If that is the standard, who am I to dissagree? Who are YOU? It still gets back to who is hurt and who is liable? I am talking about OWNER BUILDER, not homes for sale or work for hire. The government has made the permit process so complicated and expensive that MOST people will avoid it if they can, hence this thread. There should be a simpler way for a homeowner to get a real inspection of their work, perhaps even some guidance. You sure don't get either from most building departments. You never will when they are doing an inspection every 12 minutes, including travel time.
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The trouble is, the government can do "inspections" at a reasonable rate, because they're not liable for missing anything. If you privatise inspection and do *certification*, as a private individual, you're going to need substantial insurance coverage, highly trained inspectors, and a lot more time per house. Paying for that is almost certain to exceed the savings for doing it yourself, anyway. I don't believe there's any way to provide the kind of support you're envisioning to homeowners without creating some kind of immunity to liability.
-Goedjn
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Depends on the town. In my town, the inspector is reasonable, fair, and has offered suggestions to fix problems or keep them from happening. The inspector truly can be your friend.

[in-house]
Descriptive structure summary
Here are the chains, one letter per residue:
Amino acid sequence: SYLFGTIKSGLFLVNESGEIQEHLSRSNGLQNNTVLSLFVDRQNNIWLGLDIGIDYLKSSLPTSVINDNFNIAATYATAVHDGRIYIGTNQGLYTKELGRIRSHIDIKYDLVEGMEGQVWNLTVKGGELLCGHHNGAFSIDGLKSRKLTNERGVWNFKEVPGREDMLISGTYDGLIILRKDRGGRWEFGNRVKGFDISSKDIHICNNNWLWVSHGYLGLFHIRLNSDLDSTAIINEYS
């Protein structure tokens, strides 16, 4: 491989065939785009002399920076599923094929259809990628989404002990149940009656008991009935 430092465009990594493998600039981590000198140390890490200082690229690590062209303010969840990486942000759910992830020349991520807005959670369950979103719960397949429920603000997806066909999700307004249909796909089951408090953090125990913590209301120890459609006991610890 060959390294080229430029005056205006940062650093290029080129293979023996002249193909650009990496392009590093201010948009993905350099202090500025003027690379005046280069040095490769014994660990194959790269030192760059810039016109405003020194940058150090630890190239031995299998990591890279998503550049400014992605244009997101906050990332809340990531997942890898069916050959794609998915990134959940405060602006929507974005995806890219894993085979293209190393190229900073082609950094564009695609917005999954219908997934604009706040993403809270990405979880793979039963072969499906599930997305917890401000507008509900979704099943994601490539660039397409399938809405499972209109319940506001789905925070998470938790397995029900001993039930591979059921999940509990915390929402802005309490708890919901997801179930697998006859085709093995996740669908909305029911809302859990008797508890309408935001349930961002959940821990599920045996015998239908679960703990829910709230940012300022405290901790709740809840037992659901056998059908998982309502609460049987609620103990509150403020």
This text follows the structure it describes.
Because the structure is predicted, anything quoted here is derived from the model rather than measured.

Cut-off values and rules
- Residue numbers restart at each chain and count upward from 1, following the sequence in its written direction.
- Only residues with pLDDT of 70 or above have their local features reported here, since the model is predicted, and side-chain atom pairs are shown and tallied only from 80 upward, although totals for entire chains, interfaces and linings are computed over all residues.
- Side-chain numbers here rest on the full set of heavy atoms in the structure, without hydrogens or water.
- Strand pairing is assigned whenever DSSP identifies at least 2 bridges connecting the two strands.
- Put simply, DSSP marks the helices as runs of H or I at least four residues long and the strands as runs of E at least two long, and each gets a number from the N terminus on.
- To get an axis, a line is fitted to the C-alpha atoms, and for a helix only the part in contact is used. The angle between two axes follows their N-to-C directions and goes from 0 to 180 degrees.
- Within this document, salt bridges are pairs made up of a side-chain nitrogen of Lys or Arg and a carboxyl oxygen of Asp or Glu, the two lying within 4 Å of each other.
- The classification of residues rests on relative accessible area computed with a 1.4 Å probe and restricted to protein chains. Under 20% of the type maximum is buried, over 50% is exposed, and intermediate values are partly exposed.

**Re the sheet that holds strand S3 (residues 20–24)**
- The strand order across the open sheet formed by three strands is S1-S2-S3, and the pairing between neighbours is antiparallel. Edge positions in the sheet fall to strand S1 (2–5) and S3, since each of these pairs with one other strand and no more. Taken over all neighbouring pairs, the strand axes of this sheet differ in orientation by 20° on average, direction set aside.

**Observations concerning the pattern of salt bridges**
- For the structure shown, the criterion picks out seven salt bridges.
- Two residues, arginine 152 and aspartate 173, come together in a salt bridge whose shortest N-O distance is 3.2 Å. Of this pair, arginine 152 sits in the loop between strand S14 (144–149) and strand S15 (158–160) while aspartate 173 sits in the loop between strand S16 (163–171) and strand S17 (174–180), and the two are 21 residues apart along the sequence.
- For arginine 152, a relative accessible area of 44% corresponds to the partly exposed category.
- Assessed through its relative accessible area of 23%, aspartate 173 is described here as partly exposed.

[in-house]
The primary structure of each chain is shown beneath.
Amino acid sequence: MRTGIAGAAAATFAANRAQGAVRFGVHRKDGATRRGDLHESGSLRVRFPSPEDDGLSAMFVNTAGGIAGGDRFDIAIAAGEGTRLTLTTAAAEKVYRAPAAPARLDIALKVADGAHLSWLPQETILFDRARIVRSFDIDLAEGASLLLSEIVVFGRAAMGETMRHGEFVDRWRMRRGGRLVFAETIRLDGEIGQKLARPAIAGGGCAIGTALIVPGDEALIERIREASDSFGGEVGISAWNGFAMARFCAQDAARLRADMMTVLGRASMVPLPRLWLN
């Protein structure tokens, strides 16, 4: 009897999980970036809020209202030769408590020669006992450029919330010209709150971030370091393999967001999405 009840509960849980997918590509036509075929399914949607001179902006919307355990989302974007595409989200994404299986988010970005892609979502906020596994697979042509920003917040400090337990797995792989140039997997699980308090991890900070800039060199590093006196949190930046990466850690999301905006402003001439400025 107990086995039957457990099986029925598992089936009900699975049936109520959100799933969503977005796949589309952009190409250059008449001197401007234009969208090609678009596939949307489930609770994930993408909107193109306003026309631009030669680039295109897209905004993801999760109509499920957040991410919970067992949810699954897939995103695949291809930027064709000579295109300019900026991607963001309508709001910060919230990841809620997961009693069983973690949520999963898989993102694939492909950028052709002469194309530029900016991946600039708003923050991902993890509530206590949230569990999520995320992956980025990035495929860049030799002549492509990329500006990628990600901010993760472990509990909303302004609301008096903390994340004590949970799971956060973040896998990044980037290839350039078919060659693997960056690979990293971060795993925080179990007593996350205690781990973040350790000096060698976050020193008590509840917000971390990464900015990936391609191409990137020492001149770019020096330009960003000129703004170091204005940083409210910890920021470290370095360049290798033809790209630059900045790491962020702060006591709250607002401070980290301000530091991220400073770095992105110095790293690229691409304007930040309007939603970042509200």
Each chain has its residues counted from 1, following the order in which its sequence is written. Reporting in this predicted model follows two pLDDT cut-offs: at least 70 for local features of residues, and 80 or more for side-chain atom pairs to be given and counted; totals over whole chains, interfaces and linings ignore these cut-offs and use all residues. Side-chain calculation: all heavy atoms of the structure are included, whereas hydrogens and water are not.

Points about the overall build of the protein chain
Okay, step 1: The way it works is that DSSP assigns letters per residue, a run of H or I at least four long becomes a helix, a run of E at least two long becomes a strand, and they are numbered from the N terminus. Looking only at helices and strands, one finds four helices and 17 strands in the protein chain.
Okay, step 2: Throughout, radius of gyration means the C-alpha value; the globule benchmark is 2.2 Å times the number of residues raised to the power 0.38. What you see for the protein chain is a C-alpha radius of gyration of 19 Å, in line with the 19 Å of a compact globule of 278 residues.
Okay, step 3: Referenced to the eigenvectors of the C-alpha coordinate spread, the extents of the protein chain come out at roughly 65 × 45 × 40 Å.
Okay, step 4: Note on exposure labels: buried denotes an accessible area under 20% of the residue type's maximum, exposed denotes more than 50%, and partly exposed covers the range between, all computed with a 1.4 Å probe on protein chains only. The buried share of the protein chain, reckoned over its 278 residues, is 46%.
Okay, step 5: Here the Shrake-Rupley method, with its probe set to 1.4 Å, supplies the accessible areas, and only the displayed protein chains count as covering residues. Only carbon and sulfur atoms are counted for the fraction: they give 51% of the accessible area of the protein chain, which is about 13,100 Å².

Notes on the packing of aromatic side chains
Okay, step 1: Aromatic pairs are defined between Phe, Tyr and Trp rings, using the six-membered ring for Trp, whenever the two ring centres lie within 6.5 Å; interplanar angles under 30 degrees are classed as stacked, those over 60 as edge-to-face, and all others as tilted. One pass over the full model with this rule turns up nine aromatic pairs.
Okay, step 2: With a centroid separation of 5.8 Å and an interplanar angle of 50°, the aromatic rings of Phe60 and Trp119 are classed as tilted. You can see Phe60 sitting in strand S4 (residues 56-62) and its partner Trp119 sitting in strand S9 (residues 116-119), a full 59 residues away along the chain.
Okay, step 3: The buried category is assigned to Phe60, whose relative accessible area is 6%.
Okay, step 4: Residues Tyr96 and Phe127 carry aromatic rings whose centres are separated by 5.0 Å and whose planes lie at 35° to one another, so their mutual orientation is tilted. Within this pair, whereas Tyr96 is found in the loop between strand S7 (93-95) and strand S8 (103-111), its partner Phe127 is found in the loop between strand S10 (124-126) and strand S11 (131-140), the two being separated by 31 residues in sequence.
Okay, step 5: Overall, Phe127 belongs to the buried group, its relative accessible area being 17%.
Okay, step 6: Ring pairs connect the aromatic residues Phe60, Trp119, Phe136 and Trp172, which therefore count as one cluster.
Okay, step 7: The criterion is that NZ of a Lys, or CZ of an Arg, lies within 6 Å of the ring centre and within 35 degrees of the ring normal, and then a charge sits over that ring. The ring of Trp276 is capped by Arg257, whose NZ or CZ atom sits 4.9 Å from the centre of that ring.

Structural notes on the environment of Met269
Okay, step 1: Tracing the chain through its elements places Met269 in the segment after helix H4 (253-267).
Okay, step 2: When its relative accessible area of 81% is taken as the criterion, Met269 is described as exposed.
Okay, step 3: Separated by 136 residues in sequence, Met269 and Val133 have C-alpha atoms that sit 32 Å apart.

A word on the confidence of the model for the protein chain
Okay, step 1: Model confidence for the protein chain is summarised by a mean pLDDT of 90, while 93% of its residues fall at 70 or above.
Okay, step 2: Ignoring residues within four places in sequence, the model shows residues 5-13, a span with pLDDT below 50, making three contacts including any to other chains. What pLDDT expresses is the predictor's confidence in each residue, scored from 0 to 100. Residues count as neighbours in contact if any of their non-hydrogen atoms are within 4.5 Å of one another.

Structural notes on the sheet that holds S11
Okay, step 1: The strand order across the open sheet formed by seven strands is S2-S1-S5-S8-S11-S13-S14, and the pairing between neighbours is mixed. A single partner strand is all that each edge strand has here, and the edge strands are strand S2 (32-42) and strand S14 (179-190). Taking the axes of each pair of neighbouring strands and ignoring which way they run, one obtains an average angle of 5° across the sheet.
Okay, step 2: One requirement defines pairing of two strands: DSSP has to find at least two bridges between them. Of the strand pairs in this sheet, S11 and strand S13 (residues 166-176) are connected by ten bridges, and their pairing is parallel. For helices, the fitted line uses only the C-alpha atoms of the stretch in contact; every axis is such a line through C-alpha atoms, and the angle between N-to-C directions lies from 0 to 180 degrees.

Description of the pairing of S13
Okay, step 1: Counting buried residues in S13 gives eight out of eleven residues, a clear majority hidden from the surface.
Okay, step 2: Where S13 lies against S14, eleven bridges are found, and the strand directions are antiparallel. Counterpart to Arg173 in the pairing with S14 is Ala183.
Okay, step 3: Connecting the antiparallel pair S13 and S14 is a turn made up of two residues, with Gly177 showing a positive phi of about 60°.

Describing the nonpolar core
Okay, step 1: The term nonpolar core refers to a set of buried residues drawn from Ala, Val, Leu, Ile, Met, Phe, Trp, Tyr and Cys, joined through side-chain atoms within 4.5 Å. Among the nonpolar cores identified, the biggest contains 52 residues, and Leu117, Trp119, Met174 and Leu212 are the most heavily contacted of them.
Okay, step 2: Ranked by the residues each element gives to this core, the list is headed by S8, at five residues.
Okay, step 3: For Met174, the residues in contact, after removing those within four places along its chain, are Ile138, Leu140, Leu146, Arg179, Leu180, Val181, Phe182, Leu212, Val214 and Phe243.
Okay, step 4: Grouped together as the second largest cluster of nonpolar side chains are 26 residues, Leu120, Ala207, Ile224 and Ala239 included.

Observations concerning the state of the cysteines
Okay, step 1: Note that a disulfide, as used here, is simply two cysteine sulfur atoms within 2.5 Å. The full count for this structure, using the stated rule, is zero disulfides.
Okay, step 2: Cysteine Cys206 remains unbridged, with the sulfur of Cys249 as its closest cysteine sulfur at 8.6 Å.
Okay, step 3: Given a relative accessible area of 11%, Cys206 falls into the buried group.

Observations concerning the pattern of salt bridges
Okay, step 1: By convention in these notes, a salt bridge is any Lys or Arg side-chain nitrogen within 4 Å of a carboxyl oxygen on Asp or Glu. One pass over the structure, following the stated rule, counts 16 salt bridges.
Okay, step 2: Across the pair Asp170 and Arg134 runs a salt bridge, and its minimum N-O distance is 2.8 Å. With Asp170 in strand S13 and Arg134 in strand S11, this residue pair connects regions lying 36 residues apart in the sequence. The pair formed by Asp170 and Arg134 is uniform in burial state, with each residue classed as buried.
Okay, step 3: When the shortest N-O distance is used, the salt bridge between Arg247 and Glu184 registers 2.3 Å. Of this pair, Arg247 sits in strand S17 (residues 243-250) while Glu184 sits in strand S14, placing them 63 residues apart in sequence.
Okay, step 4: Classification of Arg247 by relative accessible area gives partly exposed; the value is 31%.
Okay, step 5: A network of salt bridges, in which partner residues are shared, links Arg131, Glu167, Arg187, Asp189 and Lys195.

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No
This would basically be a "cabin" back in the woods. No lights, running water.
Just a wooden shelter only. Heck it might even be a small wooden shed or Tuff Shed like you'd buy from Home Depot. Big enough to sleep in and keep some gear
A place to "live: for a 4 week hunting trip
Does that info help?
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So who is going to rat you out if you do? I say go for it. Your biggest chance of getting in trouble is if you build it on the nest of some endangered stink beetle or something.
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Pitch a tent. $400 or so of canvas and rope, cut the sticks on site.
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wrote:

Permits have two functions. The first is to notify the local authorities that you are performing the work so they can verify that the work meets standards adopted by the jurisdiction you're in. The second is so that authorities can verify that what you intend to do is allowed within the jurisdiction.
For example, expanding a bathroom may require that you meet certain plumbing and electrical codes. In addition, your jurisdiction may have restirctions on what you can do in your bathroom remodel. For instance, if you move a window it may hve to be a certain size or style in your area.
The drawback of not obtaining a permit is the possibility your local authority will find out, in which case there are penalties and remedies you can be required to pay or meet.
A third factor permitting in some cases is the noyification to local taxing authorities of a potential increae in the taxable value of your property due to the renovation.
Jeff